College is supposed to be a terrific time. For many, it’s the first taste they get of adulthood. Sure they’re old enough to be considered an adult, but age is just a number in many ways. Actually taking care of yourself? That’s the start of actually being a grown up.
But American colleges tend to be hotbeds for terrible political ideas. Gun control is just one example, but it’s the one we’re going to talk about today.
See, here in Georgia, one of our top colleges is Emory University. It doesn’t get the glory of many other schools–they’re no sports powerhouse–but it’s supposedly one of the best educations you can get here.
The thing is, if this is the best and brightest my state has to offer, well, I apologize on behalf of all Georgians.
I’m talking about an editorial at the student newspaper titled, “Gun control must begin with domestic violence survivors.”
Now, I’m including the title because of the first line of text.
Content Warning: This article contains references to domestic violence.
That’s right, a trigger warning that the content involves something specifically mentioned in the headline.
Folks, it doesn’t get any better.
The Second Amendment, which codifies Americans’ right to bear arms, will not loosen its grasp on American politics any time soon. On Nov. 7, the Supreme Court of the United States finished hearing arguments in the United States v. Rahimi case, which considers whether the Second Amendment should extend to domestic abusers. The plaintiff, Zackey Rahimi, committed a series of shootings after being placed under a domestic violence protective order.
As residents of Georgia — one of the states with the weakest gun legislation in the country — it is our responsibility to advocate for reform. The current debates surrounding gun control are proof that Emory University students must not give up on the fight for gun control, as Georgia is tied with Arkansas, Idaho, Montana and Wyoming for having the second-lowest number of gun safety laws in place. Georgia has expansive protections for gun owners, with laws allowing individuals to respond with “deadly force” to perceived threats, openly carry firearms without any license and purchase guns from unlicensed dealers without background checks. These laws directly enable the possibility of armed, hostile and reckless behavior.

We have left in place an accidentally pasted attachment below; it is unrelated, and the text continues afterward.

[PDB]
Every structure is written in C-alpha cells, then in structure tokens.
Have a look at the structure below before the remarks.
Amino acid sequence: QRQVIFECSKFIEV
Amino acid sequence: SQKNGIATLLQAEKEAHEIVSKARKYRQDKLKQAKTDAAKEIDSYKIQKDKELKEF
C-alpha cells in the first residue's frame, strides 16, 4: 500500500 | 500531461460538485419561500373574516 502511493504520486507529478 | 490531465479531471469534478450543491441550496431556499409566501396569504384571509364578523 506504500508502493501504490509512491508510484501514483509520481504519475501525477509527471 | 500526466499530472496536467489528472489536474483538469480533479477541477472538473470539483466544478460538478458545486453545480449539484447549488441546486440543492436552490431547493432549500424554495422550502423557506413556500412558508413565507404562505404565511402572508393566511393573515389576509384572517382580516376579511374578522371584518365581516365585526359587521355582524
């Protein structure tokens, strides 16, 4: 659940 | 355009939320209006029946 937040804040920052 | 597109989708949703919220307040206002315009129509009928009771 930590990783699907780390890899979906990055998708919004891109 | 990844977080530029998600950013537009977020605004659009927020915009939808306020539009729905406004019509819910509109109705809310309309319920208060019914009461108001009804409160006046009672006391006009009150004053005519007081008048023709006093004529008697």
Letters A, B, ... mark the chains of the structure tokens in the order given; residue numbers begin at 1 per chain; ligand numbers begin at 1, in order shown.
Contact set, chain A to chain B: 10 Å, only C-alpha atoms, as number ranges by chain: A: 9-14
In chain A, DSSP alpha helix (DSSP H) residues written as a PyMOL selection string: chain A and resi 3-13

Now, they’re right that Georgia has some of the weakest gun control laws in the country. Those laws aren’t “gun safety” laws, of course, but we know what they’re talking about and they’re trying to use a popular anti-gun spin to present them as less hostile to our rights than they actually are.
As someone who has been a tiny part of the effort to make my state’s gun laws what they are today, let’s understand one important point that the students at Emory missed. That reduction in gun control also coincided with a reduction in the homicide rate.
Georgia is above the national average, sure. However, if reducing gun control leads to an increase in things like homicides, why doesn’t Georgia’s numbers show that? If they “directly enable the possibility of armed, hostile and reckless behavior,” then why hasn’t that showed up in the statistics?